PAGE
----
Back to Blog

Drink Driving: The Morning After The Night Before

By Practice Group Leader, Road Traffic Defence

Driving under the influence the morning after a night of drinking is increasingly a hot topic. The solution: better education.

driving offences lawyer

TV presenter, Kirsty Gallacher, was recently convicted of drink driving after being spotted driving erratically the morning after a night out with friends.

Ms Gallacher, who had reportedly taken a taxi home and was returning the following morning to pick up her car, had three times the legal alcohol limit in her system.

The Sky Sports presenter received a two-year driving ban and two years’ unpaid community service.

In many cases the people charged with this offence are not habitual risk takers or drink drivers disregarding the safety of others, but rather they haven’t realised that the alcohol is still in their system.  

Yes, there is the ‘common sense’ point, in that people should know better, but if someone has consumed a significant amount of alcohol the night before then wakes up and gets behind the wheel – even if they feel fine or just tired - then they can easily fall foul of the law as alcohol takes time to leave a person’s body.

Though there are legal limits, people dissipate alcohol at different levels depending on their height and weight, the quantity of alcohol and the period of time over which it was consumed.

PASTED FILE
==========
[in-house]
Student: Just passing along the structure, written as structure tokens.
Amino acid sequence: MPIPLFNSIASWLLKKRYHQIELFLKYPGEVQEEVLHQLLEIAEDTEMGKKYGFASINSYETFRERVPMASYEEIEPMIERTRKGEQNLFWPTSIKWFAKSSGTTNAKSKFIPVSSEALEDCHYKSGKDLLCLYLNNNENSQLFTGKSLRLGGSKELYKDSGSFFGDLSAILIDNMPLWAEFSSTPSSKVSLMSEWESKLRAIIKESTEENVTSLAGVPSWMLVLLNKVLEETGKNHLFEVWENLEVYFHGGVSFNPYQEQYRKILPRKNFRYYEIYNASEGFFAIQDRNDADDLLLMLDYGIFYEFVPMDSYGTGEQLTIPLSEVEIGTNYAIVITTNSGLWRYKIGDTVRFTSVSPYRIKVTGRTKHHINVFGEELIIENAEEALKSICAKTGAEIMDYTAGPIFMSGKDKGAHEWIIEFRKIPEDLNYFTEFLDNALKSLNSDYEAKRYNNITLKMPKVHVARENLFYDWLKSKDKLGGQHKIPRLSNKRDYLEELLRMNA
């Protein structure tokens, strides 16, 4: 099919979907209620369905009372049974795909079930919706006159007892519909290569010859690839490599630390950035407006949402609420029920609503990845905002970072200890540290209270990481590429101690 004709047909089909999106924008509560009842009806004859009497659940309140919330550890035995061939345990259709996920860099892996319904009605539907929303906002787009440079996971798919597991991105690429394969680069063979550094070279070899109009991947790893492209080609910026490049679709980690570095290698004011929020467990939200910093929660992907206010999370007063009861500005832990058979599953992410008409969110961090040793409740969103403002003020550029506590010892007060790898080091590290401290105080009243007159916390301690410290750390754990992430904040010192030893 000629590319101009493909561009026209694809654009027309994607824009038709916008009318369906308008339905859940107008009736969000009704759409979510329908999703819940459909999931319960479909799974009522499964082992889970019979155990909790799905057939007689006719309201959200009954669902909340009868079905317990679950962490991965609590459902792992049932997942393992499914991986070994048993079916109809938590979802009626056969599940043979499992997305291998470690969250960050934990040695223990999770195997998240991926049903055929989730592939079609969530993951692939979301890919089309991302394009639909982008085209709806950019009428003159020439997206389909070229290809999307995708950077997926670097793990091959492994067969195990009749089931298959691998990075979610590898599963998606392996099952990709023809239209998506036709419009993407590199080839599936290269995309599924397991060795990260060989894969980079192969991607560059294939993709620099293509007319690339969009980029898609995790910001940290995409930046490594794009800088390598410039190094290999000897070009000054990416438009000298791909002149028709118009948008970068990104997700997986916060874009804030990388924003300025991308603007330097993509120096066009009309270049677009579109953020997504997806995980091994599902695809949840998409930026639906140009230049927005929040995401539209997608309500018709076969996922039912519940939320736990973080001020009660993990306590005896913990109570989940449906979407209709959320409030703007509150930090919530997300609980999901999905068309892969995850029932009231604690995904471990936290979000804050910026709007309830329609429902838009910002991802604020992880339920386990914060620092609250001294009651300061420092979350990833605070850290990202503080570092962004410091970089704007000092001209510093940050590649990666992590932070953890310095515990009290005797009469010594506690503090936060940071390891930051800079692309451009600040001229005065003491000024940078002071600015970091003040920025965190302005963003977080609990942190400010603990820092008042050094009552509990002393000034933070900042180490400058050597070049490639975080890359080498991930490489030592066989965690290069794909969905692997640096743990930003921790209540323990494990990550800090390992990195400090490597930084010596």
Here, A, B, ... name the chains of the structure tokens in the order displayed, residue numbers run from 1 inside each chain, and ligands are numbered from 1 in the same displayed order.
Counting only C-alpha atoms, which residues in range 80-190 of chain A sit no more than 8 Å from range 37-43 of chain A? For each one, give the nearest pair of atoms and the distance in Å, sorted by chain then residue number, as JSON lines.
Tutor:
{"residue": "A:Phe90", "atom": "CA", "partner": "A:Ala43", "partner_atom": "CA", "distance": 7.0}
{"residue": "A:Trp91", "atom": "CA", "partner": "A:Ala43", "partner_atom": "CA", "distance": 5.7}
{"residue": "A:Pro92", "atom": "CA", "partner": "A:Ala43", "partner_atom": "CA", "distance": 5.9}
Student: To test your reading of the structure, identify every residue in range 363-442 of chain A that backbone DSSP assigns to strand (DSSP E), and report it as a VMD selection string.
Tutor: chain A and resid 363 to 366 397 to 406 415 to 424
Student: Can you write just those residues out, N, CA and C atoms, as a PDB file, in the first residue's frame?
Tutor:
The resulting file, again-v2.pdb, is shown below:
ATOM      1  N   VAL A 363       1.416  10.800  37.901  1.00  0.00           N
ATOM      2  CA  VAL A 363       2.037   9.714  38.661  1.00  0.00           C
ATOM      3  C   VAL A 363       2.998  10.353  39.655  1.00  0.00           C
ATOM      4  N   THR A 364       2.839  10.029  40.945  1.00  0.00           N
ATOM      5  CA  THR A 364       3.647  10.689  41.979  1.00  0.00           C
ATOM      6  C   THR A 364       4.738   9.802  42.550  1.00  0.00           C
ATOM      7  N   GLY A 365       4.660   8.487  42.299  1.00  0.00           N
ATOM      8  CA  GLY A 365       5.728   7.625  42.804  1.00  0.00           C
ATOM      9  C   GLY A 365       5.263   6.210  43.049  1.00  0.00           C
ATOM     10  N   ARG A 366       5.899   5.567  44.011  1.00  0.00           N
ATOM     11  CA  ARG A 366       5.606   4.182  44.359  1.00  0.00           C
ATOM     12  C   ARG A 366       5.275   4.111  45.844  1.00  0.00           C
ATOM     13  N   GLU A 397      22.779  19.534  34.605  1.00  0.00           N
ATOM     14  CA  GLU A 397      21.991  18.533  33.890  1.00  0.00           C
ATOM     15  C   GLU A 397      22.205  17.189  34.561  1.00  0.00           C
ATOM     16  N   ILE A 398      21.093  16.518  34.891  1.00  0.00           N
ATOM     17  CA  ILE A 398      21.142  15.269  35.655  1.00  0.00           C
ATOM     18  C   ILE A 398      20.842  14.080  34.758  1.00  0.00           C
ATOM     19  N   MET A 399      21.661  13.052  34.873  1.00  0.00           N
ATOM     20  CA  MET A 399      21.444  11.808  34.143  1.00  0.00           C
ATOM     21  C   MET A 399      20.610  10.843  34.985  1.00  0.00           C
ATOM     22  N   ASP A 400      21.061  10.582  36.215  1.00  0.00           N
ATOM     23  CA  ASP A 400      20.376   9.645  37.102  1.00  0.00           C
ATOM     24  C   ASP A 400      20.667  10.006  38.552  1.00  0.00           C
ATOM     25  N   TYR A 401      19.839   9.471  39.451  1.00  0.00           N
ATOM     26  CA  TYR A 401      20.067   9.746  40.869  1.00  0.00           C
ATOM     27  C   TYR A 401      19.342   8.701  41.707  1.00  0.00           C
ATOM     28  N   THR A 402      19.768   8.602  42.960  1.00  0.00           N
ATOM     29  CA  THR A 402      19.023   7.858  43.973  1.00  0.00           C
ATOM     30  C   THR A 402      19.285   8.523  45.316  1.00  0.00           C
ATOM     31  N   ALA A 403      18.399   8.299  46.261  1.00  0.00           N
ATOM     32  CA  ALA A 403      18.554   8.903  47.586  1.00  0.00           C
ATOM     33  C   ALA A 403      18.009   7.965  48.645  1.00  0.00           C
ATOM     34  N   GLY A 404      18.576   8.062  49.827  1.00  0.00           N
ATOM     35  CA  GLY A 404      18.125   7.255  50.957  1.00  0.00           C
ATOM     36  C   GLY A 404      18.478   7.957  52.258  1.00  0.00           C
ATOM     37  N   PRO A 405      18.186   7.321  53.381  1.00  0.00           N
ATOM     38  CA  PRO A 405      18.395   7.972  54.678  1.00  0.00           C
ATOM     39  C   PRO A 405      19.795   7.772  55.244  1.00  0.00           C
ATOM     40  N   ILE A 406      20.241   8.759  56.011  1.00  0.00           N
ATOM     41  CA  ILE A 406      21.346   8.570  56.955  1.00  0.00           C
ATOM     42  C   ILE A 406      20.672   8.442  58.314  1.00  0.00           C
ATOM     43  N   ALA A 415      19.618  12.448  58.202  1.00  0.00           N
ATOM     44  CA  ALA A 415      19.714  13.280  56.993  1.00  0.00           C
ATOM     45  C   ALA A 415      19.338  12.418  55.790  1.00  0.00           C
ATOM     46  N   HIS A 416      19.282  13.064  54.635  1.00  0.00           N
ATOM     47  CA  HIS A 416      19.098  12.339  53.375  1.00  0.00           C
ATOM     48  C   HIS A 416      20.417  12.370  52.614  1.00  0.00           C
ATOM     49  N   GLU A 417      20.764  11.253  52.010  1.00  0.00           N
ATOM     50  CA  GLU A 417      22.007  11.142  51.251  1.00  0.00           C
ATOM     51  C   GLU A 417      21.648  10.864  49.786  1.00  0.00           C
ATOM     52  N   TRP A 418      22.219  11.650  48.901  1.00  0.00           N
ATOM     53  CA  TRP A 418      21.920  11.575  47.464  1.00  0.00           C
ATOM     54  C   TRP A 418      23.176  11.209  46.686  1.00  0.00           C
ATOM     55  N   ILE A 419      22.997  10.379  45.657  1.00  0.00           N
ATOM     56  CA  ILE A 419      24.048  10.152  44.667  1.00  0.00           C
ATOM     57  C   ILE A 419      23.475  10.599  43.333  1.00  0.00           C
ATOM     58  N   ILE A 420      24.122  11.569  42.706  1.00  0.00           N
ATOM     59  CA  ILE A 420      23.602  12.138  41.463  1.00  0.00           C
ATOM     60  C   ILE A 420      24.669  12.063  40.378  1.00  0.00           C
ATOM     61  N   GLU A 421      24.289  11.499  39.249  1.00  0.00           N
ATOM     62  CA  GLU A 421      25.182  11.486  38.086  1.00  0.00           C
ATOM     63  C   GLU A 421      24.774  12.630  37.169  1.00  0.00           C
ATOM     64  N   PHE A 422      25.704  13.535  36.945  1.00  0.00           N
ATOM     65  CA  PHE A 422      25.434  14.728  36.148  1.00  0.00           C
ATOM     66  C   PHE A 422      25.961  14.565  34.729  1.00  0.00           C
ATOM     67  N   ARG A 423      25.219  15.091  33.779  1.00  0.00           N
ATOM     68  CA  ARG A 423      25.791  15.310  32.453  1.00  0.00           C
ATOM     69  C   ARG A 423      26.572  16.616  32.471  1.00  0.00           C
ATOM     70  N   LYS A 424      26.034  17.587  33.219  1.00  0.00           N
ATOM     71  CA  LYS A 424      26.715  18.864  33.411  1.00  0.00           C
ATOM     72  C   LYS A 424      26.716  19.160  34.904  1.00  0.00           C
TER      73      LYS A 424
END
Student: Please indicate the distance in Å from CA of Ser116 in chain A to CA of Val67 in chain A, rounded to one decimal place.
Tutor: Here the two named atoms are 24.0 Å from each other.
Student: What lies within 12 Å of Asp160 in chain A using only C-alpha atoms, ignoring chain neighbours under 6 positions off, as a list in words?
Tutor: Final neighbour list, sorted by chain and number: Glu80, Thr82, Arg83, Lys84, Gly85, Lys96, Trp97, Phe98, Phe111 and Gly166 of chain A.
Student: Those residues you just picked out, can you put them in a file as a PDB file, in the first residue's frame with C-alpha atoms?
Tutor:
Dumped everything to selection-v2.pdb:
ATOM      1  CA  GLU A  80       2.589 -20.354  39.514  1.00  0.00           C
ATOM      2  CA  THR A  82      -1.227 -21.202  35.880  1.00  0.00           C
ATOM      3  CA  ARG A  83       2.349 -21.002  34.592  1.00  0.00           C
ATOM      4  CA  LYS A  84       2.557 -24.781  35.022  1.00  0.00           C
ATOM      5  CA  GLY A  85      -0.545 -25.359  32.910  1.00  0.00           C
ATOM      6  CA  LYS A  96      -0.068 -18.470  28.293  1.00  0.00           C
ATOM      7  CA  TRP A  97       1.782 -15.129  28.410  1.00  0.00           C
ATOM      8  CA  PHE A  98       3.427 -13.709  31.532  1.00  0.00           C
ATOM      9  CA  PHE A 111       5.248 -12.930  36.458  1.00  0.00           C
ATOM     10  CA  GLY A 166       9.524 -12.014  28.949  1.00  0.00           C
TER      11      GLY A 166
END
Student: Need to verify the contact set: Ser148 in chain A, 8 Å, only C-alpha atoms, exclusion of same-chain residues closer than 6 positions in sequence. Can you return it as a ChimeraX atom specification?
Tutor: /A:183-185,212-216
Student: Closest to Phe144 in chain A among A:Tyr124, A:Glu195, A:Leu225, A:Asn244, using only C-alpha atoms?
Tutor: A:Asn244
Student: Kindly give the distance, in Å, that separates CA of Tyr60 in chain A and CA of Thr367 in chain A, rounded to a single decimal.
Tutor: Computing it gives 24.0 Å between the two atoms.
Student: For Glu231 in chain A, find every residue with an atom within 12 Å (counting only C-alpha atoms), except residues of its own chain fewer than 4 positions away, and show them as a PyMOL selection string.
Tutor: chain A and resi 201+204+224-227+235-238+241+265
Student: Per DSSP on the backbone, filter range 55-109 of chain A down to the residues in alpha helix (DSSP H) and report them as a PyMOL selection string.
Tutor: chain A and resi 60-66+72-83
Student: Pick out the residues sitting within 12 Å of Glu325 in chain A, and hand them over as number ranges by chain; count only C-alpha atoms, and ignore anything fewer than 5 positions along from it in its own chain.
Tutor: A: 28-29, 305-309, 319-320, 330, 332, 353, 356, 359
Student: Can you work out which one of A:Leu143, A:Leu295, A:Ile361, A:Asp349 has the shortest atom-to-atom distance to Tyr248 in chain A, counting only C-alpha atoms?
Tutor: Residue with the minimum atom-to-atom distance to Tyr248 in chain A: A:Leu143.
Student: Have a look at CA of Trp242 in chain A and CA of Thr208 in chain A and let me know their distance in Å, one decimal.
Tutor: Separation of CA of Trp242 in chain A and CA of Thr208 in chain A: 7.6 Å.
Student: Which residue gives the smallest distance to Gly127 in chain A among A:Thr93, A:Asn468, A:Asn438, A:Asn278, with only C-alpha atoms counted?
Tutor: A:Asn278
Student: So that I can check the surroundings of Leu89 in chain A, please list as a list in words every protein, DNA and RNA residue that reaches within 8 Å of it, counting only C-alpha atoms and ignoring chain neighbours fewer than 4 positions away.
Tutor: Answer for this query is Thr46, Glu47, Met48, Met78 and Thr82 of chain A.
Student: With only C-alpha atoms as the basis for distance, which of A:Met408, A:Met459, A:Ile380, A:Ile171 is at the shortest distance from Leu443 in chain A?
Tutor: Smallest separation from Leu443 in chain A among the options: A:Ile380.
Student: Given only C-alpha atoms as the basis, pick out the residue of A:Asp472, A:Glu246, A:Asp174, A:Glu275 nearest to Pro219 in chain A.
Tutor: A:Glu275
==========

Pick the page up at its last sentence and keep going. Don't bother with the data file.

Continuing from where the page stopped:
Generally speaking, if one drinks a significant amount of alcohol late into the night and  has an early start the following day then they are at risk.

 

A Call For Better Education

The problem in my view is that people do not know to be aware of this and there is little, if any, education on this point. 

Yes, there is the ‘common sense’ point, in that people should know better, but if someone has consumed a significant amount of alcohol the night before then wakes up and gets behind the wheel – even if they feel fine or just tired - then they can easily fall foul of the law as alcohol takes time to leave a person’s body.

The Highway Code, the guidance and rule book by which all road users must operate their vehicle, states:

In England and Wales you MUST NOT drive with a breath alcohol level higher than 35 microgrammes/100 millilitres of breath or a blood alcohol level of more than 80 milligrams/100 millilitres of blood.

Road safety laws are in place to ensure that all motorists are playing by the same rules to minimise any risk to others as much as possible. Laws surrounding the consumption of alcohol are in place with very good reason as alcohol can:

  • give a false sense of confidence
  • reduce co-ordination and slow down reactions
  • affect judgement of speed, distance and risk
  • reduce your driving ability, even if you’re below the legal limit

 

If someone is involved in an accident whilst over the limit in which a person is injured or worst still dies, then in additional to having to live with their actions, they could be looking at a prison sentence.

For further reading, see my previous blog on what you should do if accused of drink driving.

For a free consultation or legal representation for a drink driving offence, call our drink driving solicitors on freephone 0808 175 7998 or contact us online.

Paul Reddy is the head of road traffic defence at Slater and Gordon Lawyers. He is based in our Manchester office.

Comments

Related Posts

RSS feed